Implementing the National Health Insurance (NHI) Bill in its current form may end with the destruction of the entire healthcare system as it will not work in its current form.
This is feedback from the South African Health Professionals Collaboration (SAHPC) spokesperson, Simon Strachan, who told 702 that people have to ask serious questions about the NHI Bill in its current form.
The SAHPC represents over 25,000 healthcare professionals across South Africa and has been formed to ensure that the NHI Bill is not implemented in its current form.
“We have got together because we feel like we have just not been heard, even though we have individually participated in every opportunity given to us. We are hoping in this last collaboration that we can be heard,” Strachan said.
“We are very worried that it will result in much poorer quality of care and much worse access to healthcare, and we are really concerned that it could end up being the destruction of the healthcare system.”
In its current form, the NHI Bill is unworkable as it is fundamentally more of a funding model rather than a policy to improve healthcare in South Africa.
“This is not going to work in its current form. It has only got this far because healthcare professionals have not been heard, despite our best efforts,” Strachan said.
He urged the government and the private sector to find a solution where both parties can contribute to providing high-quality healthcare to all South Africans.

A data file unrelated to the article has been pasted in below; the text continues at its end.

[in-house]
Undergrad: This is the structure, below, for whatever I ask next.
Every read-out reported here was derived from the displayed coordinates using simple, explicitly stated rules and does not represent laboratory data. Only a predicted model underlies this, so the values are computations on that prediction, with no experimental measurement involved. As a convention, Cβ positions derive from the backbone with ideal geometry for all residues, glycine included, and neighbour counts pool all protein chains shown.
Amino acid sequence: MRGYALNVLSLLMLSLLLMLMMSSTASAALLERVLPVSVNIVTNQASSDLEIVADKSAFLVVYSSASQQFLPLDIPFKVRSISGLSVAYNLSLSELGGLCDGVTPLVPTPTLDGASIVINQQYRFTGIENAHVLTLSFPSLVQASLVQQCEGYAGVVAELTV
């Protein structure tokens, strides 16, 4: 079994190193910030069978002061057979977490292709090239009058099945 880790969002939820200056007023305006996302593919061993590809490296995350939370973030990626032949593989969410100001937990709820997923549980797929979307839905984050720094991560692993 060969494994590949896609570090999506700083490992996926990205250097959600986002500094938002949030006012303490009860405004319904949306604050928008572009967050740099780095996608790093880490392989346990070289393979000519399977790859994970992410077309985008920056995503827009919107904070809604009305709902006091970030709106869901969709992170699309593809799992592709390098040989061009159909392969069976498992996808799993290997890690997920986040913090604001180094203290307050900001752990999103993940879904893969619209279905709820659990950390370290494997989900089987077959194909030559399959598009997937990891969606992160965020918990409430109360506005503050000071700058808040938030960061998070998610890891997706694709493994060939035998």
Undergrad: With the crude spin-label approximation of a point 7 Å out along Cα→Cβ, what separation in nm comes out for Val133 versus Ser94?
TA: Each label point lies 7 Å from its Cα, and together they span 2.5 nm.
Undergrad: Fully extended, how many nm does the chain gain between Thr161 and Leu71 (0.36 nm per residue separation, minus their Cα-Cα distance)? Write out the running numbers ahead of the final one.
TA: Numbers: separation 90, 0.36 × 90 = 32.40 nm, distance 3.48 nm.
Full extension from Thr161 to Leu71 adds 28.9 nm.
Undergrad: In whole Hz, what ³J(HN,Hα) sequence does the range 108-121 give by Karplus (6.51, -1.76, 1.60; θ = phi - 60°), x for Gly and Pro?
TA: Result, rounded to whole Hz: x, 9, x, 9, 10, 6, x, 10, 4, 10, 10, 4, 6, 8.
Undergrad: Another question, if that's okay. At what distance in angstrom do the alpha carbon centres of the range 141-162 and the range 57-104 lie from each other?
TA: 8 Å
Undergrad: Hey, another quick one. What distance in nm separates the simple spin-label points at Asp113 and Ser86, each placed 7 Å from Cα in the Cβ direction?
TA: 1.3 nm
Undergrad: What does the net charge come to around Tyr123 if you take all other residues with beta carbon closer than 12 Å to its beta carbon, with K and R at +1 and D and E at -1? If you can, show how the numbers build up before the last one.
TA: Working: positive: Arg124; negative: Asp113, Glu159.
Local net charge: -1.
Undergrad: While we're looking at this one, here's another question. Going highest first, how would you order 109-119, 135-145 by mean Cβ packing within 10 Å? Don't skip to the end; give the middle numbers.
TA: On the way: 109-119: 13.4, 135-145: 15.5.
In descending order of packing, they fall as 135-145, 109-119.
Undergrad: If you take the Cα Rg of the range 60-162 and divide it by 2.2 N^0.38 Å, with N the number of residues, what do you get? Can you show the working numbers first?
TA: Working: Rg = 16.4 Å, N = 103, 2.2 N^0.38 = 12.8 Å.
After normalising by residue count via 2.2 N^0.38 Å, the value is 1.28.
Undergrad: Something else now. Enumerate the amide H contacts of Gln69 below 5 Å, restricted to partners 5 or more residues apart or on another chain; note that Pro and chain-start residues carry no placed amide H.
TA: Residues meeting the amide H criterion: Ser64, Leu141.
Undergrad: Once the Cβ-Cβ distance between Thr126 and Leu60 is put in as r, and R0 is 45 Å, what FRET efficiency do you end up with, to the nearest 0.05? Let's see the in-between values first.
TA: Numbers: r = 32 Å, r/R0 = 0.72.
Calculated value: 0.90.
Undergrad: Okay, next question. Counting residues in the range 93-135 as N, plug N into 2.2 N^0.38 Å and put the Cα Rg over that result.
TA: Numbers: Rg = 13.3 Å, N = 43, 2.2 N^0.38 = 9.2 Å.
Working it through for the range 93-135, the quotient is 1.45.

This cannot be done through the NHI. It has to be done by bolstering the existing healthcare infrastructure and building out the public sector’s capacity to provide better healthcare to existing patients.
Strachan’s critique is similar to that of Professor Alex van den Heever of the University of the Witwatersrand.
Van den Heever said the NHI, in its current form, will take 1,000 years to implement as it is “far too complex for this government ever to achieve”.
He said that the proposals contained in the Bill are financially and institutionally impractical.
The government aims to consolidate the public and private healthcare systems into a single system that does not yet exist.
This consolidation is to be done by a department and a government that cannot run state institutions effectively, according to Van den Heever.
He said it is “far too complex for this government to achieve”, and Parliament only passed the Bill to give the impression that the government is doing something.
In reality, the Bill is “merely window-dressing health reform and is not substantive”, Van den Heever said. The can will just be kicked down the road, and “nothing of substance will happen”.
NHI in South Africa has become a political tool for the ruling African National Congress (ANC) to score political points and is “not a true, public interest-oriented health reform”.